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Course Details

Fall 2017-2018
ENE 475 / PSY 475   Graded A-F, P/D/F, Audit

Human Factors 2.0-Psychology for Engineering, Energy, and Environmental Decisions

Elke U. Weber

Human Factors 1.0 studied how humans interact with machines and technology, bringing engineering and psychology into contact in the 1950s and giving rise to theories of user-centric design. This course will cover recent theoretical advances in cognitive and social psychology, especially in human judgment and decision making, that are relevant for engineers and choice architects as they address technical and societal challenges related to sustainability. Such psychological theory (human factors 2.0) can be creatively applied to designs decision environments that help people overcome present bias, loss aversion, and status-quo bias.

Sample reading list:
Weber, E.U., Doing the Right Thing Willingly: Using the Insights from
Hardisty, D.H., Johnson, E.J. & Weber, E.U., A dirty word or a dirty world? Attribute framing, political
Shealy, T., Klotz, L., Weber, E.U., Bell, R.G., et al, Using framing effects to inform more sustainable infrastruct
Kunreuther, H. & Weber, E.U., Aiding decision making to reduce the impacts of climate chan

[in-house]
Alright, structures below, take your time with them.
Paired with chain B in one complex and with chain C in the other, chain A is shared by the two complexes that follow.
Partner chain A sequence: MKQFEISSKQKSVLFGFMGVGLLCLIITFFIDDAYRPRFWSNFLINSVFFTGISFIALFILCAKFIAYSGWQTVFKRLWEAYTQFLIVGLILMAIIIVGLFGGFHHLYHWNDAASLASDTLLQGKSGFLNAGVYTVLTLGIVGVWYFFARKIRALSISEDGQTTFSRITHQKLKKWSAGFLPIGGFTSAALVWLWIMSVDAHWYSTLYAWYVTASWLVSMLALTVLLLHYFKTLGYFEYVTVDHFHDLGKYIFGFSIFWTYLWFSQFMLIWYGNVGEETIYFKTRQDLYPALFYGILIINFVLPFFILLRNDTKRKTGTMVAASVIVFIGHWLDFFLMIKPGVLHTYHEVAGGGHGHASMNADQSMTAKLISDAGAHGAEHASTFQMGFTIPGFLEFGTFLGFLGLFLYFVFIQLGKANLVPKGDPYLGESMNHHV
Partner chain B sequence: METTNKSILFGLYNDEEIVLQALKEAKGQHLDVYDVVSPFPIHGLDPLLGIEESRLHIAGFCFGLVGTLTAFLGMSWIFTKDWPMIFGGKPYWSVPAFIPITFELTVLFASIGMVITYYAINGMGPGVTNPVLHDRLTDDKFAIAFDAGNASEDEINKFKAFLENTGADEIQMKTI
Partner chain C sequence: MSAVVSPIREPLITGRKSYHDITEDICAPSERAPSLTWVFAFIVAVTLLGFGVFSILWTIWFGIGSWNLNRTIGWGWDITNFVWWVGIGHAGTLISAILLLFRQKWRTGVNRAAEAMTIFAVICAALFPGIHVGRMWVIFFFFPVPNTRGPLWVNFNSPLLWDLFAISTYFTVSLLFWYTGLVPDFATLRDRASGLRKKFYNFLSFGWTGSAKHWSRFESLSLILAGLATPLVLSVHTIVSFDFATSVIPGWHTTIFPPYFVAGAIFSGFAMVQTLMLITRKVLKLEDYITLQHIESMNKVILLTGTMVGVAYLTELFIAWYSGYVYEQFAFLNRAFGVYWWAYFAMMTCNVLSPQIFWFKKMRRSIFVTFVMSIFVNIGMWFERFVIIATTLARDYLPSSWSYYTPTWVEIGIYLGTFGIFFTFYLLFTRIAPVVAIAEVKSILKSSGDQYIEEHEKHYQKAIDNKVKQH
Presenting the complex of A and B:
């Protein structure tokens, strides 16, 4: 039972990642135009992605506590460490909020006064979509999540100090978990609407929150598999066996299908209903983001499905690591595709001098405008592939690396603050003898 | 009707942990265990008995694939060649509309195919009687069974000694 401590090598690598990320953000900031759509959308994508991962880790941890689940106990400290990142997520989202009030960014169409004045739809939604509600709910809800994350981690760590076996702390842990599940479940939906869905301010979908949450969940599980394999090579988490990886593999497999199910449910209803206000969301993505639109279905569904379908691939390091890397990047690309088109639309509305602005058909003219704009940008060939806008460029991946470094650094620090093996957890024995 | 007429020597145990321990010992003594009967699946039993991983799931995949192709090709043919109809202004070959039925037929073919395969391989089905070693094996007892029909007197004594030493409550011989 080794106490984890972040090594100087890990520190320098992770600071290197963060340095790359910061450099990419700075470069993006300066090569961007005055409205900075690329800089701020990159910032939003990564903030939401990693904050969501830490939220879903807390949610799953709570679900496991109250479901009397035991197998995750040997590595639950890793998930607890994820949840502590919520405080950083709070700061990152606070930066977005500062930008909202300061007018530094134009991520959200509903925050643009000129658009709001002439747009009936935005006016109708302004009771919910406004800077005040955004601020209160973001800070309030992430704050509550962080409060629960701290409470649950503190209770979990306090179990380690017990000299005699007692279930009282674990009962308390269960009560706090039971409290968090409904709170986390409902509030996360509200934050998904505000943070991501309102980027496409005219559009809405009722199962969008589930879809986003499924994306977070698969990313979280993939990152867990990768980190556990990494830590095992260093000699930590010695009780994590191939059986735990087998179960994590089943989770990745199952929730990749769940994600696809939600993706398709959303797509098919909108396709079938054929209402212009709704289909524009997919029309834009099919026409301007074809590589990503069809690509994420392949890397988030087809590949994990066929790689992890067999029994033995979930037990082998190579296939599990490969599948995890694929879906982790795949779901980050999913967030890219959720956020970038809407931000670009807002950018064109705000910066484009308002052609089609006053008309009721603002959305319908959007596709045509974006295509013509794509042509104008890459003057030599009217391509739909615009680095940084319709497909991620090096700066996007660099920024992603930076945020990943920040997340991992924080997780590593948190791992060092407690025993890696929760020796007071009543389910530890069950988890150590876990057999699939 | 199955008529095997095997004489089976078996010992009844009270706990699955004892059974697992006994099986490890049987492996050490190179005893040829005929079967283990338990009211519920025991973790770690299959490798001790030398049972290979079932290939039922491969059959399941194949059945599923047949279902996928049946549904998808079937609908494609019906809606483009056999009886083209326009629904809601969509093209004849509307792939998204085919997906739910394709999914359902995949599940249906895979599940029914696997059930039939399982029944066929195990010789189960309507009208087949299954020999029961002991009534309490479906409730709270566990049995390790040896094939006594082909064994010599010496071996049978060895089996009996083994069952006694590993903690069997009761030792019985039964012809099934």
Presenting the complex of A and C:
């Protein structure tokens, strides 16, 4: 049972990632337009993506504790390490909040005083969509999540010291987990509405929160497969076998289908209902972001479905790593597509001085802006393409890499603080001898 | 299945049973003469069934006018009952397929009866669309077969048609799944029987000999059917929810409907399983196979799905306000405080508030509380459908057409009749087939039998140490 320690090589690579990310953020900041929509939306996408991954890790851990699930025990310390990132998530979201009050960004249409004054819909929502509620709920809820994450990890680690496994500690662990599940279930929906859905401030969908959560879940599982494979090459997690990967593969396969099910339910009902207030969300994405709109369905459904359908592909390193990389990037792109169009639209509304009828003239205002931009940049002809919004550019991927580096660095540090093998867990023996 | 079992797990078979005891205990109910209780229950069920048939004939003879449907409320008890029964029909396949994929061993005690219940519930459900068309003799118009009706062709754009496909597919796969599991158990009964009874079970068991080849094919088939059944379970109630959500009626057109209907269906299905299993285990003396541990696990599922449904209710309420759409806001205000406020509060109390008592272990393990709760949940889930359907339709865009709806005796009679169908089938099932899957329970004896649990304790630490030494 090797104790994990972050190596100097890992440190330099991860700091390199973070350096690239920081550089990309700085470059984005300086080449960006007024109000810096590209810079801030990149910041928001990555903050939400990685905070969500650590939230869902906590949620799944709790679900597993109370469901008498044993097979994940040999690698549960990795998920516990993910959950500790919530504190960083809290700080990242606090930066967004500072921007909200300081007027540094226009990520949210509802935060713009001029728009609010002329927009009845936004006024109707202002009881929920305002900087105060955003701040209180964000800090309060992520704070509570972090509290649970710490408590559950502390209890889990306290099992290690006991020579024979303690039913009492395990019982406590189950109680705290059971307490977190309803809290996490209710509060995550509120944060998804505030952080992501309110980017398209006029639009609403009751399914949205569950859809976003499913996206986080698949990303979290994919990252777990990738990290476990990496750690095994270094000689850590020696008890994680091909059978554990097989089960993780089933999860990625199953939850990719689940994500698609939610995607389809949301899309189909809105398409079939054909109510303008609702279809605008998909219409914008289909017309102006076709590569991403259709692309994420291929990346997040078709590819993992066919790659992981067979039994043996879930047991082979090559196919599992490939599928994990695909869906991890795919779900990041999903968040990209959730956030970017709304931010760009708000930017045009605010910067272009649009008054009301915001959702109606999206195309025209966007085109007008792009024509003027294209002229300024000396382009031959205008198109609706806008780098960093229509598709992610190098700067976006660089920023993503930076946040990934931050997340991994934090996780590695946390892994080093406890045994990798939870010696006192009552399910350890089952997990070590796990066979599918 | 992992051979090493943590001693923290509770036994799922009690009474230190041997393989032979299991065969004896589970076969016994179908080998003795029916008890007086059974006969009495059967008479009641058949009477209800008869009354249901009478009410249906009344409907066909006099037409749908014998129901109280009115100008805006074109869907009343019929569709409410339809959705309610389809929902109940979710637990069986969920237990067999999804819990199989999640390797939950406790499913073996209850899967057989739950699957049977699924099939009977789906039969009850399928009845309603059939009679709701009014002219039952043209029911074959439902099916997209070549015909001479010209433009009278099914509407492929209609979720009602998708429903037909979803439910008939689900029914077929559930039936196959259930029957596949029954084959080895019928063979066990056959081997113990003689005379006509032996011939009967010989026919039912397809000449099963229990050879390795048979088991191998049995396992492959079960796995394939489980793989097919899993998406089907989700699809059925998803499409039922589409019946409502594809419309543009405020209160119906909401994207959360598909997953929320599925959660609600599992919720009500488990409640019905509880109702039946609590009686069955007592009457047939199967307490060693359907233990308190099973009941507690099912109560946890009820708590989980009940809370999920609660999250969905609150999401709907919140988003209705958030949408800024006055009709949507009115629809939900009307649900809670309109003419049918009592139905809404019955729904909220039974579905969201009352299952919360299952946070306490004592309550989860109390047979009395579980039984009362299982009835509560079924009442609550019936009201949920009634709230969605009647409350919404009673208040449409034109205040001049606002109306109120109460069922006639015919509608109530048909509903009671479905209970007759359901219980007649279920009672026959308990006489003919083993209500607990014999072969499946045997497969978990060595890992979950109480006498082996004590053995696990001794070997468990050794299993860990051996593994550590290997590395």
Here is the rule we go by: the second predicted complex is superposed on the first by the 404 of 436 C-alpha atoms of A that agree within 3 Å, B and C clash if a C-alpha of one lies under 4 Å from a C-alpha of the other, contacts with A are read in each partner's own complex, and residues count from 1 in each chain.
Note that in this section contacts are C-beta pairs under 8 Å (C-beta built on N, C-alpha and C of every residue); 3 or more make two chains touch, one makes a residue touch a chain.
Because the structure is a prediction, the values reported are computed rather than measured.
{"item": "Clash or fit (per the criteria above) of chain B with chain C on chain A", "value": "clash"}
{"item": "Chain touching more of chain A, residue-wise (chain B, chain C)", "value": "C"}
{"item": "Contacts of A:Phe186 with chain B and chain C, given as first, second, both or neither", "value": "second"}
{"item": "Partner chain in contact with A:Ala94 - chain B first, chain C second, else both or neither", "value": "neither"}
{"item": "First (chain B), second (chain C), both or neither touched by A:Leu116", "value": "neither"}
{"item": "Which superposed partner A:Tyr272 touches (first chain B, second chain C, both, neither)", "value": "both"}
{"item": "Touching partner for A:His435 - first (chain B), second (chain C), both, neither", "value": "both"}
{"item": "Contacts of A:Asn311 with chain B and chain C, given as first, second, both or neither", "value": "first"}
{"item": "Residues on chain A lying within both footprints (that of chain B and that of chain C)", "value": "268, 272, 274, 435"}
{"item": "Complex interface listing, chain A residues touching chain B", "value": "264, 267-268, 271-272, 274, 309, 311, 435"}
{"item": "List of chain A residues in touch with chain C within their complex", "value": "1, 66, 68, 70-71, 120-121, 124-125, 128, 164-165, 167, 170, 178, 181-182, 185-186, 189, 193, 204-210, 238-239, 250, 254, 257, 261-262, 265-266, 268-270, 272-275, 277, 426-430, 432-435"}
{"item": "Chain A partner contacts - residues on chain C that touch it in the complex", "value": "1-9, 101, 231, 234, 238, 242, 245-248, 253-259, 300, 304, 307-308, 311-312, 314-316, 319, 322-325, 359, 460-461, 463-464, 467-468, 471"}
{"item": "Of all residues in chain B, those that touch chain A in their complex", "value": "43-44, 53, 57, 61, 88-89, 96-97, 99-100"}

Kahneman, D. & Tversky, A., Prospect theory: An analysis of decision under risk
Zaval, L. Keenan, E.A., Johnson, EJ, Weber, EU, Understanding local warming: How warm days lead to increased

Reading/Writing assignments:
This course will not use a textbook. Assigned readings will either be academic papers or book chapters (uploaded on blackboard). The deadline for weekly assignments (to be uploaded to Blackboard) is midnight on Monday, before each Tuesday lecture. No late submissions are accepted.

Requirements/Grading:
Mid Term Exam - 25%
Paper in lieu of Final - 25%
Class/Precept Participation - 8%
Problem set(s) - 27%
Other (See Instructor) - 15%

Other Requirements:
Not Open to Freshmen.

Prerequisites and Restrictions:
This course welcomes students from diverse backgrounds and therefore does not assume detailed prior knowledge of psychology, behavioral or environmental science, or engineering. Some basic knowledge of research design and statistics will be an asset..

Other information:
Learning outcomes: Students will learn to Recognize human-technology-environment systems and how we shape them (for better or worse); Exploit diversity (of thought, background, and experience) through interactions with class mates and participatory approaches; Communicate persuasively with others about the course topics. Grading - "Other 15%" = Group project presentation

Schedule/Classroom assignment:

Class numberSectionTimeDaysRoomEnrollmentStatus
22706 L01 1:30 pm - 2:50 pm T Th        Enrolled:10 Limit:25